Sean Cunningham: Kings coach Luke Walton, after opening with words honoring the late John Lewis, says Alex Len is out of quarantine doing individual work. Harrison Barnes is still in Sacramento.
Inside the NBA bubble at Walt Disney World, while preparing to restart the season and tune up for the playoffs during the coronavirus pandemic, some players have a lot of time on their hands. That includes Los Angeles Lakers center JaVale McGee and Philadelphia 76ers guard Matisse Thybulle. We've already seen players fishing and chugging beers in the bubble. They've brought mountains of sneakers, video game systems and hot sauce to Orlando, Florida. And McGee and Thybulle are becoming budding amateur video producers.
On Saturday, Howard said he thought reporting him was pointless. “Everybody’s making a big deal out of it,” Howard said. “But I feel like we’re in the safest place in Orlando. We get tested every day. So, we’re only around each other. We get tested every day. We can’t practice with masks on. I personally don’t see a risk of us getting it during the time period that we’re here.”
Individual circumstances present further challenges. Augustin’s father-in-law died recently, adding to the strain of an extended road trip away from his wife, Brandy, and their three young children. The wife of Orlando guard Evan Fournier returned to their native France with the couple’s 13-month-old son to stay with Fournier’s parents while he focuses on the N.B.A. restart. Vucevic’s wife is due with their second child in November, prompting the 2019 All-Star center’s parents to fly in from Montenegro to help Nikoleta Vucevic take care of the couple’s 19-month-old son. “That was actually huge for me to know that I’m not leaving her alone,” Vucevic said. “It would have been a much harder decision for me to play if she was alone and pregnant, with another baby to care of every day.”
The first exhibition games of the NBA restart will go a little more quickly than usual. The NBA is tweaking the rules for those initial matchups, going with 10-minute quarters instead of the usual 12 minutes. The change is for several reasons, including not wanting to overly tax players after they went more than four months without games, and because some teams do not have their full rosters at Walt Disney World Resort yet because of the coronavirus pandemic. The change will apply to only the first exhibition for teams; their second and third exhibition games at Disney will use standard timing. All teams are slated to play three exhibitions.
If the NBA season does get canceled in the end, and we're all hoping that is not the case, will media members get their money back for whatever you paid for it to get down there? And is it true that some media members will be there for a few months and then rotate after that? Joe Vardon: @Deven P. Hi Deven. So here's a little secret -- we haven't paid anything, yet. There has only been agreements between the NBA and our companies on the price. So I am not sure how that would shake out. Per your other question, it's true, most of us will be here for two months, and then a colleague will sub in for us for the final month. There are a few I suppose who will be here the full three months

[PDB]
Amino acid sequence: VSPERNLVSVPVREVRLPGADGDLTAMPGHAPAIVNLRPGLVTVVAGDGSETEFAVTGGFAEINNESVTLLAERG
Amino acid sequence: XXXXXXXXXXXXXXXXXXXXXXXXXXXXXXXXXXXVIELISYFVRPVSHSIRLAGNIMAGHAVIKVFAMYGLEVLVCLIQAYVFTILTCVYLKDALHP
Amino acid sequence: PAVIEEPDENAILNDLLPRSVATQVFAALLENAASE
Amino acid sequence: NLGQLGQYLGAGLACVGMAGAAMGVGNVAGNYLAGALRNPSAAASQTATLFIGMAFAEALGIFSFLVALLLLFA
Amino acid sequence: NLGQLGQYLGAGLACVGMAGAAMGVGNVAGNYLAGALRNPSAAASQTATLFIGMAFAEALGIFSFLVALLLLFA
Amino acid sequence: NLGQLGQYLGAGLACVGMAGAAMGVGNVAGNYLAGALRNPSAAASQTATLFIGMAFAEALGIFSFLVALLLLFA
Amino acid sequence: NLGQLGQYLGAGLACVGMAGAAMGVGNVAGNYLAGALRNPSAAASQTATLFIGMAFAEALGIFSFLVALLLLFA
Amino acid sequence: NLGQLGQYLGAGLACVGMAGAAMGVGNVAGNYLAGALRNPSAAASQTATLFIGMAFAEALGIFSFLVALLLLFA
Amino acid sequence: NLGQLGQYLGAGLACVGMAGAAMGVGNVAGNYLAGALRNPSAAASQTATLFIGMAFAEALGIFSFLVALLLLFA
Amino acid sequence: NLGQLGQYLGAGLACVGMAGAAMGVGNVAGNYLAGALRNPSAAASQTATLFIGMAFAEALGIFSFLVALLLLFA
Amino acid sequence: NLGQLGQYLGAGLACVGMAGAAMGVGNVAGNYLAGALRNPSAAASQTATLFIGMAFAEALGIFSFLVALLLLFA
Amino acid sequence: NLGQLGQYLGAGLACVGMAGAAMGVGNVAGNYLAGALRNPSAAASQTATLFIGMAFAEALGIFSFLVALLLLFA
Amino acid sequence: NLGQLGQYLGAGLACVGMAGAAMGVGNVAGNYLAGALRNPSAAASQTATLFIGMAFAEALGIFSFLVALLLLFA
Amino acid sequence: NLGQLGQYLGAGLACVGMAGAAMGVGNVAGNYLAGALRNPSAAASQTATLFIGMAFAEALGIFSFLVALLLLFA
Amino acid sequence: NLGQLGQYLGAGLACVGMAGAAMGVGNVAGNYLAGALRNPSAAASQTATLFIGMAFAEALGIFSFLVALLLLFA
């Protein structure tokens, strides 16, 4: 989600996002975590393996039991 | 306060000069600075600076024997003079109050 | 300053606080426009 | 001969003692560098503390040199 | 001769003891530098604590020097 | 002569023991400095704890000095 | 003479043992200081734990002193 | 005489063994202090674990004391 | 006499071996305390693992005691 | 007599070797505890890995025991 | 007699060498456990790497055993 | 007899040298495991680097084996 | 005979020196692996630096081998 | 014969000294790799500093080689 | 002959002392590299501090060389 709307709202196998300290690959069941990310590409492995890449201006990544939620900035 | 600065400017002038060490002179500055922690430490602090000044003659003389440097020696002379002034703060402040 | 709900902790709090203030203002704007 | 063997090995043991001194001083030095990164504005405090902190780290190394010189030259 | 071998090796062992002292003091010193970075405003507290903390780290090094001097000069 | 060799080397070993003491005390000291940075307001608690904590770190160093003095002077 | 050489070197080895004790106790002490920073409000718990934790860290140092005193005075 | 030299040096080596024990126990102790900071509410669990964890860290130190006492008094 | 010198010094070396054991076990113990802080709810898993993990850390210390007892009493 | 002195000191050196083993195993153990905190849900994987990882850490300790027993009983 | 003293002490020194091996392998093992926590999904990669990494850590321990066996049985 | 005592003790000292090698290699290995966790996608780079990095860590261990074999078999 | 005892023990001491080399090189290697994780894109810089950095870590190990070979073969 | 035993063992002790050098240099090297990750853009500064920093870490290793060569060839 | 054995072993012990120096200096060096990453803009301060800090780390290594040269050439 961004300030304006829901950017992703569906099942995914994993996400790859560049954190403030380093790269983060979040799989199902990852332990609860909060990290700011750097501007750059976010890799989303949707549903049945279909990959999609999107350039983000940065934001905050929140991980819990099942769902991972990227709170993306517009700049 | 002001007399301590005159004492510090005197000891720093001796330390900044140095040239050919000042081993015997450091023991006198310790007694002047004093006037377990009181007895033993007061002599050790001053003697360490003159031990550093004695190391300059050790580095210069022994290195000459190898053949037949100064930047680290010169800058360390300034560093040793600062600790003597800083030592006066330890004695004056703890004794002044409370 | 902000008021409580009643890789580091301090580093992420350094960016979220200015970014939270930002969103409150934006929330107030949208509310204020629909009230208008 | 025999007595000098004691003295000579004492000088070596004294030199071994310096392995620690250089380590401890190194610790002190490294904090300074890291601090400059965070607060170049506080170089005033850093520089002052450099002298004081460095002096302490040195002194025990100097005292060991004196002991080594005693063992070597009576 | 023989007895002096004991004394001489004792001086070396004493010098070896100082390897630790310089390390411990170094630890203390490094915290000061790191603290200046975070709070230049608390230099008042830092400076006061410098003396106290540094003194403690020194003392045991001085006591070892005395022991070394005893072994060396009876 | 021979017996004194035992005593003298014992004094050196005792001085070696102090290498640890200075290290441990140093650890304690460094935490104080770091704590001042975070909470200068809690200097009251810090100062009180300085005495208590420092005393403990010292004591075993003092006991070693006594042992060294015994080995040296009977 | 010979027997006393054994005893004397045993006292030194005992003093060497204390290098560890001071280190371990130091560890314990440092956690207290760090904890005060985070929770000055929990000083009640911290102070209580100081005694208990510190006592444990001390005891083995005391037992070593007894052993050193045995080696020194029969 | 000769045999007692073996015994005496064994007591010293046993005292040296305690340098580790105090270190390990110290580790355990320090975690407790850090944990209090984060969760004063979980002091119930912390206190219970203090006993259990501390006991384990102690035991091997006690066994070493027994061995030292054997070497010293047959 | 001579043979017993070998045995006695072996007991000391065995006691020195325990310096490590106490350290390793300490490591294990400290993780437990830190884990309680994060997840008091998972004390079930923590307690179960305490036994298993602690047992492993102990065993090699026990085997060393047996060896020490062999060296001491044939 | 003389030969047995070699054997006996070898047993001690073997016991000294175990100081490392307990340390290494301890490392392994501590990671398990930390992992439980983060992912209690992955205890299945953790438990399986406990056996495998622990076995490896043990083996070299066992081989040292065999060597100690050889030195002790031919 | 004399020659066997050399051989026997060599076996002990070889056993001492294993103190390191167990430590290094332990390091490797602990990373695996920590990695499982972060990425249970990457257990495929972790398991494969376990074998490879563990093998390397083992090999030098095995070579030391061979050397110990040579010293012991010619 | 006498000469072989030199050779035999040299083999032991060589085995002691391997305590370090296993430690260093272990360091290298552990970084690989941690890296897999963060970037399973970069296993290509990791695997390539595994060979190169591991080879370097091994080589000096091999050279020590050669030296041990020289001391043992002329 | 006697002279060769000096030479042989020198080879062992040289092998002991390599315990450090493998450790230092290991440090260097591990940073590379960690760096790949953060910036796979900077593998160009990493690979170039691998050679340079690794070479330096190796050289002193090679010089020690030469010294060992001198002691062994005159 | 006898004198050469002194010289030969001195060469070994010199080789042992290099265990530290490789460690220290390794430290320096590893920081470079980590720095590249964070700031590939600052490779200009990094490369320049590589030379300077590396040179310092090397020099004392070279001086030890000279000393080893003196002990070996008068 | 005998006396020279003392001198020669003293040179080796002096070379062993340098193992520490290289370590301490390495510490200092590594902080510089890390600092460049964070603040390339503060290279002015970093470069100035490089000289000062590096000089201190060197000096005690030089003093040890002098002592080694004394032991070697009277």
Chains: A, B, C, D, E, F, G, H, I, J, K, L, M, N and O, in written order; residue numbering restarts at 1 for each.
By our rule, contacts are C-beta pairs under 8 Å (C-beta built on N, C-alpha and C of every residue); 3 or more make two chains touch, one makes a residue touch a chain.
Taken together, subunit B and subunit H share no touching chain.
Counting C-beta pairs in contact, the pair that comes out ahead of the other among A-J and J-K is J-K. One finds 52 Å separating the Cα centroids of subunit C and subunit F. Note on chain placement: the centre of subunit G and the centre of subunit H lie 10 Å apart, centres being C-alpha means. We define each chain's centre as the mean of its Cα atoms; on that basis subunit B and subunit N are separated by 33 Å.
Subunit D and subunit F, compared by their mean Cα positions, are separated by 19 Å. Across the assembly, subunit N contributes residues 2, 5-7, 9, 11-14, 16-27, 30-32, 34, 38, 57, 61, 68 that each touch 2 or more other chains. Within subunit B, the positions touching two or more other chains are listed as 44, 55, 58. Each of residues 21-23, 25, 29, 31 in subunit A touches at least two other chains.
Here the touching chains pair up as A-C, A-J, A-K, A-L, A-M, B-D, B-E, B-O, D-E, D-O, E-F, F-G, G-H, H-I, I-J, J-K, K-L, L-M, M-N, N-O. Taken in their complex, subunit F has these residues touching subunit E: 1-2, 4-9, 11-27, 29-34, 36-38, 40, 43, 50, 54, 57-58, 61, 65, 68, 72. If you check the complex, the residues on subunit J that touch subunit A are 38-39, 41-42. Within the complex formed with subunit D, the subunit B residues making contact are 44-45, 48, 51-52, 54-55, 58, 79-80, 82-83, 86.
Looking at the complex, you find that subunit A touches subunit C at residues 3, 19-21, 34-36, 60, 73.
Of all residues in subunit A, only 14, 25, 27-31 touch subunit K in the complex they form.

The first exhibition games of the NBA restart will go a little more quickly than usual. The NBA is tweaking the rules for those initial matchups, going with 10-minute quarters instead of the usual 12 minutes. The change is for several reasons -- among them, not wanting to overly tax players' bodies after they went more than four months without games, and because some teams do not yet have their full rosters at Walt Disney World because of coronavirus and other issues.
Exhibitions start with a four-game slate Wednesday and continue through July 28. Each team will play three exhibitions, and the last two for each club will have the traditional 12-minute quarters. Plans call for all 33 exhibitions to be televised by some combination of local TV, national TV, NBA TV or NBA League Pass. The league is still working on some of the specifics for the first games, including whether to give teams the option of wearing uniforms or practice gear.
The exhibitions will be helpful in breaking up the monotony of practice, Denver coach Michael Malone said, but he stressed that player health will come before anything else in those games. "The No. 1 thing for me is can we get through these three scrimmages healthy and not getting guys put in a position where they're overworked, playing too many minutes and getting hurt," Malone said. "I think the vast majority of the 22 teams will approach it the same way."
When Damian Lillard finishes his daily hoop duties for the Portland Trailblazers, he will spend most of his downtime inside the NBA bubble working on his other passion: music. The All-Star point guard turned part of his suite into a mini recording studio at Disney's Wide World of Sports Complex, where his team will make a push for a playoff berth. The league constructed a social bubble to resume the NBA season and protect 22 teams from COVID-19 while at the resort, which features several activities such as walking trails, a bowling alley and a lake to fish or boat.